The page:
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A tale of 2 candidates for mayor

The race to be mayor of St. Pete Beach has turned into a he said-he said of who will be best for the city.

By AMY WIMMER, Times Staff Writer
© St. Petersburg Times
published March 3, 2002


ST. PETE BEACH -- The mayor's opponent presents this year's election as a chance to oust a "good ol' boy system" that prevents fair competition and rewards the city's elite.

The mayor says he simply is trying to run a clean campaign that focuses on the city's work on a new waterfront park and completion of a new City Hall.

The discrepancy is nothing new in St. Pete Beach, where one faction sees this year's election as a chance to rid City Hall of those closest to the city's power structure, and the other side insists no one is pulling the strings of elected officials.

"I think we need to change the atmosphere from "what's good for our friends' to "what's good for our residents,' " said Steve Gordon, who is challenging Ward Friszolowski for the mayor's seat. Friszolowski, who previously served three terms as a city commissioner, is completing his first term as mayor.

Gordon or Friszolowski will serve for either two or three years, depending on whether voters approve a referendum extending the mayor's term.

The campaign, like others in St. Pete Beach, has grown heated, with Friszolowski supporters distributing court documents detailing legal judgments against Gordon dating from the 1980s, when Gordon was a residential developer. But Friszolowski insists he has had nothing to do with the negative campaigning.

"I wonder if it's more his detractors than my supporters," Friszolowski said. "I've consistently kept my campaign focused on my qualifications and what I've done and what I plan to do. I pride myself on running a real clean campaign. I've discouraged anyone from even talking about my opponent."

Gordon has broad ideas for St. Pete Beach, and he admits some of them would be difficult to accomplish in two or three years. That's why, he said, he is hoping not to just win March 12, but to be a two-term mayor.

Gordon said he decided to run for office after speaking out against the city's plans for a new City Hall and seeing how the Commission handled plans to pass a new land development code.

"I just said, "That's it. I've got to do something for my community,' " he said.

Gordon wants to set a goal of planting 1,000 trees a year in the city, particularly along Gulf Boulevard north of the Don CeSar, 75th Avenue and Blind Pass Road. "It's a lot of trees," Gordon said, "but we have years and years to catch up on."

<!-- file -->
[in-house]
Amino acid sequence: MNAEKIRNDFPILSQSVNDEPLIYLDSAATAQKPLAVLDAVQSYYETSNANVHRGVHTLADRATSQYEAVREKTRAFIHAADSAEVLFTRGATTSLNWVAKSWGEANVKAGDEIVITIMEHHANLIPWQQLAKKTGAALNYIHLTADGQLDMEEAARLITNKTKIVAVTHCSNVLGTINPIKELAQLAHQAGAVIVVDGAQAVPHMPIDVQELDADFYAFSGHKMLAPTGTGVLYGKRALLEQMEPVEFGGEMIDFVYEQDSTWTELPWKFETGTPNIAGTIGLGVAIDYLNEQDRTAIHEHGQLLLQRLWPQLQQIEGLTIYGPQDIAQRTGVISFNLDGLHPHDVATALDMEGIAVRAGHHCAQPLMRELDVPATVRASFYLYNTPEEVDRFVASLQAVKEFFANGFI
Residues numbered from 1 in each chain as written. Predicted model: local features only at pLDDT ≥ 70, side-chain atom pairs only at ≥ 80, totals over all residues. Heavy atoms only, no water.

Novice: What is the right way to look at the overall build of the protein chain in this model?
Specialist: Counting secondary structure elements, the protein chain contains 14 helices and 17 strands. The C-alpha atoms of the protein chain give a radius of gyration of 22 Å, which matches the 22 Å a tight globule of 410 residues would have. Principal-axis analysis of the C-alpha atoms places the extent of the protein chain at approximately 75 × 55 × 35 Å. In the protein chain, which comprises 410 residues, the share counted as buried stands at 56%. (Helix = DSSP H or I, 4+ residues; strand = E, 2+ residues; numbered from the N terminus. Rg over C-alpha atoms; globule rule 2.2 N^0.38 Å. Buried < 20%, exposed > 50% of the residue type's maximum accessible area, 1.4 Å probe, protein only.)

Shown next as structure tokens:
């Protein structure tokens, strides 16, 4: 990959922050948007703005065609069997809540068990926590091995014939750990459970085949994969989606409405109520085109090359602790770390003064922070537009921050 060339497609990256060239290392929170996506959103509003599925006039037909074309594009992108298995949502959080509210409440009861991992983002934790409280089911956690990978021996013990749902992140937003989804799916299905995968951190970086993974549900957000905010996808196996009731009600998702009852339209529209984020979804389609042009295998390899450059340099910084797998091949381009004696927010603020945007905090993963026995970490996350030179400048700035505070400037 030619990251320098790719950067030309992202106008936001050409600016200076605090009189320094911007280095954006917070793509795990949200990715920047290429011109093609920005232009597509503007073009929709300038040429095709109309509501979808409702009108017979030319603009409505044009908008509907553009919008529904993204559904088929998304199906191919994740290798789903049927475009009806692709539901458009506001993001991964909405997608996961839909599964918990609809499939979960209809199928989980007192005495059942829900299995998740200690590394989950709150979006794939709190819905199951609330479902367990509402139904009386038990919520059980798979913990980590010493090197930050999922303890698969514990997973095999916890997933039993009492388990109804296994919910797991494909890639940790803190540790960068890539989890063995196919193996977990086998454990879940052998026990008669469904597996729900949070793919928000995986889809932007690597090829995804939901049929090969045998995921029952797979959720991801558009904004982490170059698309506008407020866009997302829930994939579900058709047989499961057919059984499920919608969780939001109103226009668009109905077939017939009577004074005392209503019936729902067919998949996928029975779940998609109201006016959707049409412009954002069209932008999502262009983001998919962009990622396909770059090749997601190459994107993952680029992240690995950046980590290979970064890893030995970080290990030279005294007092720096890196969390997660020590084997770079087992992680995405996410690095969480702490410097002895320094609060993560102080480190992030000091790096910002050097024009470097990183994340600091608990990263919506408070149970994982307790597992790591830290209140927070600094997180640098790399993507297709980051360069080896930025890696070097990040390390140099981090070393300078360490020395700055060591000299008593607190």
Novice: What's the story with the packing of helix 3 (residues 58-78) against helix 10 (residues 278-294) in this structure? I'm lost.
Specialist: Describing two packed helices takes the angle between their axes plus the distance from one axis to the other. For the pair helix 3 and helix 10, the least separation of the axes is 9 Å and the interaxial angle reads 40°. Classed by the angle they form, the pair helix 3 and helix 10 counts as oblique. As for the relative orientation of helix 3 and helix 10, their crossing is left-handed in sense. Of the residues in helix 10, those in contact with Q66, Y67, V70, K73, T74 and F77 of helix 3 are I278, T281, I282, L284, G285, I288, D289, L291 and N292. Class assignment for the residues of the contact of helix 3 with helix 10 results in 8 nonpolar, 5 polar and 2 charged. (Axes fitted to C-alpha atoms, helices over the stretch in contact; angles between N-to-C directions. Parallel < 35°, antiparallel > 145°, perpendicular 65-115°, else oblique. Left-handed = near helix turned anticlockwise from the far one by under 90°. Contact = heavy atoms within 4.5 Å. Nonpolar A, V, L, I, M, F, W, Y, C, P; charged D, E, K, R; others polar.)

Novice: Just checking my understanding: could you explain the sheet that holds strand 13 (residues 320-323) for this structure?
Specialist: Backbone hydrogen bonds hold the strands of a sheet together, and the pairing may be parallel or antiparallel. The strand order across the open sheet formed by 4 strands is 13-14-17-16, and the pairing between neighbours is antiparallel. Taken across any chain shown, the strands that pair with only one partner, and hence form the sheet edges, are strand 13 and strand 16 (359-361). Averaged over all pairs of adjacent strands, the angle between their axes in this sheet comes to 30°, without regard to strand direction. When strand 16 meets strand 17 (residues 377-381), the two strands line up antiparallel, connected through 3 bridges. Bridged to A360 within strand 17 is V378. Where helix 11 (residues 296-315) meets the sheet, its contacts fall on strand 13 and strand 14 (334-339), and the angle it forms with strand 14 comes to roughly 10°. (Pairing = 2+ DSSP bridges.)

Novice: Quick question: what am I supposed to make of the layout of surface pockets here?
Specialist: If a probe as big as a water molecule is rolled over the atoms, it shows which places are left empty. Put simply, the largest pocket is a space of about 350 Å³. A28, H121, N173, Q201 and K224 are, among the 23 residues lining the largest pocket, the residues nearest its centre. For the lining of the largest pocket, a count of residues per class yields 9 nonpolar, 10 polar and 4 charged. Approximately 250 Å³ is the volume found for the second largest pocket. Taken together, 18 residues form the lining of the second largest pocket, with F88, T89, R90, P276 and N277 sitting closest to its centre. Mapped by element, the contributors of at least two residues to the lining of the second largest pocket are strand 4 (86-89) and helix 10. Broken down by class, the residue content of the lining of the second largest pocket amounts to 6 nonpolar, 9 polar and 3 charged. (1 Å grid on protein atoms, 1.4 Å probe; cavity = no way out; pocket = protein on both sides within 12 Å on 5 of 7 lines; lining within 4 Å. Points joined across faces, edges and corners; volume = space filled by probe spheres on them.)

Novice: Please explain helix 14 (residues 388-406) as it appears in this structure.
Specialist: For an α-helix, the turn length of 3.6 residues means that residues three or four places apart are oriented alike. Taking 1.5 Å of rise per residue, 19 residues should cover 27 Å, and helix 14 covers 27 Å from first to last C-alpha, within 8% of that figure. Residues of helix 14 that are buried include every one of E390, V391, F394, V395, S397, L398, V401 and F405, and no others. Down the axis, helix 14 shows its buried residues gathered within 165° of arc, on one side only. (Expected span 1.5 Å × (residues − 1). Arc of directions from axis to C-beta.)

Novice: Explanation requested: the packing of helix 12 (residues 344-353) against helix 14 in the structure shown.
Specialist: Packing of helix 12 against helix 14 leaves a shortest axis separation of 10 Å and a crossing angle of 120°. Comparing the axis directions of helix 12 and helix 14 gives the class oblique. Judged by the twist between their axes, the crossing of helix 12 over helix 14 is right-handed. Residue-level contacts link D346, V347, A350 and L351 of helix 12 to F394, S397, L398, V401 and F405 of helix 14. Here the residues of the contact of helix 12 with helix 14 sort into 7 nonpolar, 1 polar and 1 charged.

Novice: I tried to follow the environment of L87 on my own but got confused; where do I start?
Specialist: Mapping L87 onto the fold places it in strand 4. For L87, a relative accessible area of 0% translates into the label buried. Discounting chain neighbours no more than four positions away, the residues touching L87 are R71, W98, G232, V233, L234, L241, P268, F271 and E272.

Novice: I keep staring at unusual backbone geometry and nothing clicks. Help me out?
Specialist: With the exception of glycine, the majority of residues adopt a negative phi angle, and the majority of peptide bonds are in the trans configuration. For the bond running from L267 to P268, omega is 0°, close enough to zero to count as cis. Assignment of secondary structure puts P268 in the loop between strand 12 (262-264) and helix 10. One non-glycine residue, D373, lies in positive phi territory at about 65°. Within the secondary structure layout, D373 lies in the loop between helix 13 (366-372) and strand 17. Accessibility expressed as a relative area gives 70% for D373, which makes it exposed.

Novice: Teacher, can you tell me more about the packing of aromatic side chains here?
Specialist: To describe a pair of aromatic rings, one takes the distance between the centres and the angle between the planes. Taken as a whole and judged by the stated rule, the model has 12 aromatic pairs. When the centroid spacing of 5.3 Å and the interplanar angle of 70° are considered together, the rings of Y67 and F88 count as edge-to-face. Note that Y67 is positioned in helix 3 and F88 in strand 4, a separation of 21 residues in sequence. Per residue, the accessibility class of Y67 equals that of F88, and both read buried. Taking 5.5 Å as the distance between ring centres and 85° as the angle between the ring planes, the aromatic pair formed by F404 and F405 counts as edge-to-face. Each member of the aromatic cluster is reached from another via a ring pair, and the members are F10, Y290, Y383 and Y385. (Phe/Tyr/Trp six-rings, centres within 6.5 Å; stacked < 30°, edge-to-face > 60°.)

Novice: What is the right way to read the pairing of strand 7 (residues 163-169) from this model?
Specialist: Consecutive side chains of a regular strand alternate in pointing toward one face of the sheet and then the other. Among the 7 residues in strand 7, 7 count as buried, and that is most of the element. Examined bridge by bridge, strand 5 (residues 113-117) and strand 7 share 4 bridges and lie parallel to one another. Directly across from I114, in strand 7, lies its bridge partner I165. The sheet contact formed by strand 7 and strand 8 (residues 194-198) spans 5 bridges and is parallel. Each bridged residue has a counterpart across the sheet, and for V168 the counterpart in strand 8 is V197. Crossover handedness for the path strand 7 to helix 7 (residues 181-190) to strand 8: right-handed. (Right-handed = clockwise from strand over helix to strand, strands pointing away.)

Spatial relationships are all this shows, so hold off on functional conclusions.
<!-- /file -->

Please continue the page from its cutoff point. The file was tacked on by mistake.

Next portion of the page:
He also is concerned about the condition of Gulf Beaches Elementary School on the city's north end. Though his critics remind Gordon that the city has little influence over the school system, the candidate says the city should lobby the School Board to upgrade the aging school.

"If the mayor doesn't take a leadership role, we will never get a new school," Gordon said.

Gordon also wants to return public comment to the beginning of city meetings and move workshops and committee meetings to the evenings so working people can attend. He criticizes Friszolowski, who moved public comment to the end of commission meetings shortly after taking office two years ago.

Gordon said the change has forced residents who show up to bring something trivial to the commission's attention to sit through three- or four-hour meetings waiting for a chance to speak.

"We need to go out of our way to make sure everyone knows when there's an important hearing coming up," Gordon said.

Friszolowski said that while political opponents have continually raised questions about the city's construction of a new City Hall, he believes residents understand the advantages of the new building.

"Once I tell them about the situation and the fact that we have gone through a process of making sure we are getting the right quality at the right price, that we've had appraisals done ... I think they know that we're doing our due diligence," Friszolowski said.

Friszolowski also has said he is excited to see St. Pete Beach embark on a master plan, an idea Gordon also endorses. Gordon has said that commissioners were forced into launching a master plan after residents protested the city's proposed new land development regulations.

Those new rules called for raising building heights in some portions of the city, even though the city planner insisted that wasn't part of the plan. The planner later apologized, and elected officials admited they should have read the proposal more carefully.

Friszolowski said his support for a master plan goes back to last year's budget hearings, when he lobbied the commission to set aside $50,000 for a master plan. The process likely will cost closer to $200,000, which is what smaller-sized Madeira Beach paid recently.

Though Gordon has emphasized that the city should publicly bid more of its projects, Friszolowski said that process can sometimes cost the city money when a project is complicated.

"You can bid certain things where it's easy to bid, but it's not always easy to compare apples to apples with all of the things that you're buying," Friszolowski said. "We go through a pretty laborious process making sure we're getting good quality for the dollar."

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